I’d guess that somewhere around junior high (when kids start getting especially nasty) is when we begin the slow process of completely shattering into our fragmented adult selves. Some kids maintain their self-confidence and thrive straight through into successful careers, but it isn’t always easy when life throws so much at us, especially throughout high school and even college.

During one of my usual three-hour excursions to Michael’s craft store last week, I took a picture of an especially cute children’s poster, with “It’s OKAY!” up top and “To Be Different!” at the bottom:

“What the hell happened?” I wondered, as I thought about the state of a world that is run by a bunch of other shattered adult human beings.

Adults are the ones who hate others for being different colors (and when kids grow up with prejudices, it’s because of what they are taught at home by their adults). Older folk ostracize the dirty hobos we encounter in the city—homeless people who know they’re crazy and love themselves anyway.

A mother putting relaxing her 4-year-old daughter’s hair indirectly teaches the child that her hair isn’t okay and needs to be tamed into submission. If someone is proud of themselves (and seemingly might have narcissistic personality disorder [like Oprah]), we call them egomaniacs and think they should be more humble and less elitist.

What happened to “It’s OKAY to be different! Dance by yourself! Treat yourself to something good! Be PROUD of yourself!” But we adults are made to feel guilty about buying new shoes or sharing our accomplishments—when we deserve to reap the fruits of our labor? That’s messed up.

Everything is about balance. You can’t just have a dance party in your kitchen all day every day and expect to change the world. The television show Hoarders demonstrates how buying things doesn’t bring happiness and can kill you.

But if we go back to the innocence of childhood, before we were corrupted by the shattered adult world full of responsibilities and obligations, we can gain more clarity about who we are and what we should spend time doing in order to fulfill our inner desires.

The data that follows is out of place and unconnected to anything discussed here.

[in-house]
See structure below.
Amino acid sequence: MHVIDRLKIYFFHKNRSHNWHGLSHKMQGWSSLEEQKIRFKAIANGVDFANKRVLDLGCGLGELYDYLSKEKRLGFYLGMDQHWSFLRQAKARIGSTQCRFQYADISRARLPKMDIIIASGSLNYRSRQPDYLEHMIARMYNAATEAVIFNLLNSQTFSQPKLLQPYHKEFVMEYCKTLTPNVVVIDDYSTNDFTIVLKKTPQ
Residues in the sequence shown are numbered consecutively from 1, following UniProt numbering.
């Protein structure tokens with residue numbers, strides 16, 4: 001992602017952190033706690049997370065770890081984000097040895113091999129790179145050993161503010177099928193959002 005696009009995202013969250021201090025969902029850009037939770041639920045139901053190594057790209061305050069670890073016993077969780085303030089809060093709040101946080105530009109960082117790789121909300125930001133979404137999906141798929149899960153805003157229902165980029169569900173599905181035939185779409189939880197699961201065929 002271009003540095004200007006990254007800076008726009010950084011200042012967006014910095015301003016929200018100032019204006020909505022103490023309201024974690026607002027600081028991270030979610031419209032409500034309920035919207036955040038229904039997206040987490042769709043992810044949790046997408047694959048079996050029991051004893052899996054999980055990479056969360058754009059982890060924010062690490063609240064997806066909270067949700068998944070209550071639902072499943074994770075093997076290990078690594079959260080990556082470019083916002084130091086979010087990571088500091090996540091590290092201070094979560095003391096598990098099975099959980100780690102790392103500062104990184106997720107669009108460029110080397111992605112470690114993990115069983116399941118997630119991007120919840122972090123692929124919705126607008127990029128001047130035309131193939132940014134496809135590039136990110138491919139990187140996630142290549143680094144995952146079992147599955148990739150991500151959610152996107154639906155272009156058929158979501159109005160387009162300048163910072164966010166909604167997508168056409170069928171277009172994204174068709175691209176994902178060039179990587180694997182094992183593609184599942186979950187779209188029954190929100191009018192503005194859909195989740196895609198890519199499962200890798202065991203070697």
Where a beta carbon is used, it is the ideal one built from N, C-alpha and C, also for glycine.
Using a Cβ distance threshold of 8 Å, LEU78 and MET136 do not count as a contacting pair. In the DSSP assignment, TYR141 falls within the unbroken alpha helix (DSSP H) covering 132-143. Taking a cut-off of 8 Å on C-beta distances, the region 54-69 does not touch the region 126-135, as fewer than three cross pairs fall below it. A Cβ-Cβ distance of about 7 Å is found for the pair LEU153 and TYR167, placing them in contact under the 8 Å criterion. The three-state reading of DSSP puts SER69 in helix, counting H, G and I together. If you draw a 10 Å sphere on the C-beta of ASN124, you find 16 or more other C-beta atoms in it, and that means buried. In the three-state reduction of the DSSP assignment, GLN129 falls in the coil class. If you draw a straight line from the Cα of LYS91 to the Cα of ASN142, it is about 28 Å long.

No circumstance or situation can keep you from doing what you want to do. Half the time, we psych ourselves out, when there’s nothing to be afraid of, other than hard work and ultimately, success. And like the title of my website, we all can define our own versions of success. The only thing standing in the way of what you want is you!

With 7 billion people on the planet, of course we’re all going to be different—and that’s a beautiful thing. When we channel our inner children (who did what we wanted at all costs) and become self-aware of our inherent ability to create our own existences, nothing can stop us. So, what are you going to do?

mizChartreuse (sometimes known as Charlotte Mutesha) is free-spirited, free-thinking artist who lives in the cute neighborhood of Bridgeport in Chicago. Whether writing, modeling, working out, painting, dancing, or watching bad TV, she enjoys her life every day and is a proponent of self-empowerment. Char owns a business called Charlotte’s Web of Writing, a blog named mizChartreuse: redefiningSuccess, and a comedic podcast entitled Consumption Junction, co-hosted with her manfriend, bokeen.  She can be found on Twitter or her Blog or her Writing business.